Resources for Financial Aid
Free Online Resources to Learn About College Financial Aid
For many parents and high school students, this might be the first year they are dealing with the sometimes overwhelming world of college financial aid. Even for parents who already have students in college, changes and updates can make it feel like you’re going back to square one. Here are some free online resources that can help students and parents safely navigate the college financial aid waters.
FSA is an office of the U.S. Department of Education. Their official website is packed with useful information, videos and tools that can help students and parents completely understand the college financial aid process. Easy to navigate, visitors start by clicking on the question that is at the top of their mind and following the site from there. Questions answered include:
- How do I prepare for college?
- What types of aid can I get?
- Do I qualify for aid?
- How do I apply for aid?
- How do I manage my student loans?
Completing the Free Application for Federal Student Aid (FAFSA) is the first step toward getting federal college financial aid. Many states and colleges, and some private financial aid providers, may also use the FAFSA to determine your eligibility for additional financial aid. Applications for the next academic year should be available on this site in January 2015.
You must have an FSA ID to complete the FAFSA. The FSA ID can be used to sign into US Dept. of Ed sites like the FAFSA and studentloans.gov.
FSA provides many helpful resources such as publications, fact sheets, and online tools that can help you prepare and pay for college.
These resources are grouped around the following topics:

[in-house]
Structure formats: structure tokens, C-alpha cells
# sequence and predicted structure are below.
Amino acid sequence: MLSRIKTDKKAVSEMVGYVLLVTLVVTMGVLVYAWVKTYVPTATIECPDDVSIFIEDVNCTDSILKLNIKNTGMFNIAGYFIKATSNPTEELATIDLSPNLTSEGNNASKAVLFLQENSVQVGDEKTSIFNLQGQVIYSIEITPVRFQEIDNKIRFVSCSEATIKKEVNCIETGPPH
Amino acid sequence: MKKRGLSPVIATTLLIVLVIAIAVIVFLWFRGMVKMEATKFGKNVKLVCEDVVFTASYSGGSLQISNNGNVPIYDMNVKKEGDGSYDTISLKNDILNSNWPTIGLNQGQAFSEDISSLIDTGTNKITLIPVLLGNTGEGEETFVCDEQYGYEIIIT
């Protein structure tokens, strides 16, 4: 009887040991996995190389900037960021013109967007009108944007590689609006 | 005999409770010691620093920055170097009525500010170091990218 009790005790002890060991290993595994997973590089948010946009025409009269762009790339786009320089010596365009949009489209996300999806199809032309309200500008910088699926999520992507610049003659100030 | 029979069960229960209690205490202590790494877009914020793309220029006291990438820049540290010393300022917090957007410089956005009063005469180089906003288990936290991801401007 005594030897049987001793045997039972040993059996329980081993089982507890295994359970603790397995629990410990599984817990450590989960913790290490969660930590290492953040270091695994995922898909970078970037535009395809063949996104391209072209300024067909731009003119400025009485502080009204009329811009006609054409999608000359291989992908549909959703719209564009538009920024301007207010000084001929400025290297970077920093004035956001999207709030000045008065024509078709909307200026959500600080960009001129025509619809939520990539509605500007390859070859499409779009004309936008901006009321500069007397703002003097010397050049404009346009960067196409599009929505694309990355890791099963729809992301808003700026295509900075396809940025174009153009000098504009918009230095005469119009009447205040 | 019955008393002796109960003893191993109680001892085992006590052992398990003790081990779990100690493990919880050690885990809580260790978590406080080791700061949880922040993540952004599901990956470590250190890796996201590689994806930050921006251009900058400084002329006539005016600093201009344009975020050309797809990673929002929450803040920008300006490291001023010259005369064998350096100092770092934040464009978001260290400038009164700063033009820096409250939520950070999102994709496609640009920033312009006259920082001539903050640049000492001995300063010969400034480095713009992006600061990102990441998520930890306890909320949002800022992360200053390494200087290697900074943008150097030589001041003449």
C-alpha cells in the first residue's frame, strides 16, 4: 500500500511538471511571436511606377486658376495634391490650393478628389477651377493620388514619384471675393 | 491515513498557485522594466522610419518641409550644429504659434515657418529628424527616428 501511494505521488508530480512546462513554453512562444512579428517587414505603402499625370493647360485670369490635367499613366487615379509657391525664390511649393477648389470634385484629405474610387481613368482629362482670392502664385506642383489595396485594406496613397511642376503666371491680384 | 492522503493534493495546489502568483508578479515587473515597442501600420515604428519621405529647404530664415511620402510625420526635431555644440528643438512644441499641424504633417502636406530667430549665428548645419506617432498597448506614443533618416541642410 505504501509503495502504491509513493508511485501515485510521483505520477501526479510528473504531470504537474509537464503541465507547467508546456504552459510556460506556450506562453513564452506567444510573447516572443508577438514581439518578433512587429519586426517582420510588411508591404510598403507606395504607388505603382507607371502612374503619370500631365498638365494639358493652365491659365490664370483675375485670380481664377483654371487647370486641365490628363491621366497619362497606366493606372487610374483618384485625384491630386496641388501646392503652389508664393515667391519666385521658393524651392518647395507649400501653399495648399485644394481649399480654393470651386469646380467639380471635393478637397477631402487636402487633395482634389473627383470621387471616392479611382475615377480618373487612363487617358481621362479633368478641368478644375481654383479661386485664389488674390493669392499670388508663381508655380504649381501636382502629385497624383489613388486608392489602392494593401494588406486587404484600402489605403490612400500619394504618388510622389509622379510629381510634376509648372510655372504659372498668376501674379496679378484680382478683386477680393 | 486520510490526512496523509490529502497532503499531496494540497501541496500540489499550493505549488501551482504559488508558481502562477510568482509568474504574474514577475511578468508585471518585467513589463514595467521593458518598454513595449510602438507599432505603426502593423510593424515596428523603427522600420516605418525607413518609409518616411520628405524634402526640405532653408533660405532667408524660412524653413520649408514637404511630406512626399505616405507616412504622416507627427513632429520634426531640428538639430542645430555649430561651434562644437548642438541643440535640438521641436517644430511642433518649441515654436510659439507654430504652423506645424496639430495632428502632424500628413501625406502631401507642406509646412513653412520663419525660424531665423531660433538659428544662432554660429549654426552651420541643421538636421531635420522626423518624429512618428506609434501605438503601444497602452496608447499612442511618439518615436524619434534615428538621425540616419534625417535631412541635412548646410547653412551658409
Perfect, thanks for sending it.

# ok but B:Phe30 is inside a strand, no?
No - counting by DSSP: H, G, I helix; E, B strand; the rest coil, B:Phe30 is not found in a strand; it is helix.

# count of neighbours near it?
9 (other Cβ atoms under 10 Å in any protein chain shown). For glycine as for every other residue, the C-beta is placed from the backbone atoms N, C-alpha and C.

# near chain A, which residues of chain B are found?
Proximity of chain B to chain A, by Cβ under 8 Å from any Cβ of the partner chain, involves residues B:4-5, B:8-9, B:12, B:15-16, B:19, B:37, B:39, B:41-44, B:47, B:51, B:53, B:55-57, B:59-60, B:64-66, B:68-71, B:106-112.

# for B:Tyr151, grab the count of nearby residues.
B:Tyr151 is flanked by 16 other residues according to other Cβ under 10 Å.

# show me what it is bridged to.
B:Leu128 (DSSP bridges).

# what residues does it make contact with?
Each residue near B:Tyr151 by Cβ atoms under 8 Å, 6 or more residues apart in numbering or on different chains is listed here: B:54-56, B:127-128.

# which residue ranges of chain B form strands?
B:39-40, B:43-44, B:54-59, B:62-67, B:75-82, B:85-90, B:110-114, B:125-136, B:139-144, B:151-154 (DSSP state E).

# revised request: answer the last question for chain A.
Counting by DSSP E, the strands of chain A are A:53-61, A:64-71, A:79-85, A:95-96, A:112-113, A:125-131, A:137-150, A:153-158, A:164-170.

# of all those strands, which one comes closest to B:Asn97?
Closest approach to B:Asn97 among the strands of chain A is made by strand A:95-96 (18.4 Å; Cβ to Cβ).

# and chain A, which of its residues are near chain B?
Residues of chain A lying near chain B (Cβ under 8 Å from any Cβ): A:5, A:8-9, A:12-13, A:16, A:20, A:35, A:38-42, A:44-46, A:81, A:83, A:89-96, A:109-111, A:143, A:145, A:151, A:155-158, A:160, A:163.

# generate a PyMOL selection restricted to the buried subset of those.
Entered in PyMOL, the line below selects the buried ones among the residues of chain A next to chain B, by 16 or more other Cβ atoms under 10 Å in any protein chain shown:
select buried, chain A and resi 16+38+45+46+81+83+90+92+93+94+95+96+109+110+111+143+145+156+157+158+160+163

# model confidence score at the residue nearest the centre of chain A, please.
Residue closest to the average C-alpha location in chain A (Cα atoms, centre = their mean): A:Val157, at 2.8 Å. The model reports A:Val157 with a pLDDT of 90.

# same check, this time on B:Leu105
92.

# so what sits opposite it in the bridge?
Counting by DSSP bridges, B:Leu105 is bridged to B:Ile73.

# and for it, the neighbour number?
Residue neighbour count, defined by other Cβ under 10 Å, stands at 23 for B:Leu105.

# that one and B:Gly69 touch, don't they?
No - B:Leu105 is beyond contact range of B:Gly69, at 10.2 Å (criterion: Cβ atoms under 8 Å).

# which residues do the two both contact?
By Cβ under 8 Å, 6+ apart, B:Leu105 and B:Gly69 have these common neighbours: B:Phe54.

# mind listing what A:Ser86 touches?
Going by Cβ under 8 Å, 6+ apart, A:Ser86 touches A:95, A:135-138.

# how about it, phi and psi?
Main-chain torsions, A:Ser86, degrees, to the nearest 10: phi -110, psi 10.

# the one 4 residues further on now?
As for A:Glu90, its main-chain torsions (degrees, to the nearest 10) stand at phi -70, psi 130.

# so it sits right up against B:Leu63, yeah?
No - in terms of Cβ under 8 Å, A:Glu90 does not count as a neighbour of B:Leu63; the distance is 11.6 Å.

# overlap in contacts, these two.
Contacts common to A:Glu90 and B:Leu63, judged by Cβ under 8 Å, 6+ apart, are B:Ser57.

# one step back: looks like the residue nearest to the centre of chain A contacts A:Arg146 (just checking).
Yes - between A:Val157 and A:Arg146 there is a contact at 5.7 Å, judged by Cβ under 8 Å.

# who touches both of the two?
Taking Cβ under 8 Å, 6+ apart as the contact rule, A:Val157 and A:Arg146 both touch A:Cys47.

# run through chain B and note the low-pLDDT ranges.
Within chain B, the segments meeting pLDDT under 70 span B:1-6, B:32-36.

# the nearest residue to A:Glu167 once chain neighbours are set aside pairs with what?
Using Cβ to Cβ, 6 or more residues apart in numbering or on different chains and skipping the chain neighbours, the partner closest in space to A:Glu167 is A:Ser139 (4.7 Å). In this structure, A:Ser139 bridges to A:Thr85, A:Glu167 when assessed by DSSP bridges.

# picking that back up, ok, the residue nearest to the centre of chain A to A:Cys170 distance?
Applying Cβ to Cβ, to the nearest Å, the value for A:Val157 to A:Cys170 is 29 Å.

- College Preparation and the Federal Student Aid Programs
- FAFSA® Information
- Student Loan Information
- Consumer Protection
Hard copies of many of the publications are available for order from the U.S. Department of Education’s Publication Center (www.edpubs.gov) or by calling 1-877-4-ED-PUBS (1-877-433-7827).
Not sure how you’re going to be able to pay for your child’s college education? The FAFSA4caster can help you understand your options. Simply provide some basic information and FSA will estimate your eligibility for federal student aid. Your estimate will be shown in the "College Cost Worksheet" where you can also provide estimated amounts of other student aid and savings that can go towards the college costs.
It makes sense to find and apply for as many scholarships as you can. Scholarships don’t have to be repaid, so they can go a long way towards helping you pay for college. Merit-based scholarships are earned by meeting or exceeding standards set by the scholarship sponsor. Some scholarships may be based on financial need. Other scholarships are geared toward a particular groups of people, and some are available because of where you or your parents work, or because you come from a certain background.
Start searching for scholarships at the Department of Labor’s CareerOneStop page, where you can search more than 7,000 scholarships, fellowships, loans, and other financial aid opportunities.
When it comes to college financial aid, don’t try to do it alone. Use the resources listed here to get the information you need so you’ll be able to make smart financial decisions. Also be sure to sign up for the “Paying For College” newsletter, to make sure you receive all of the latest information on college financial aid.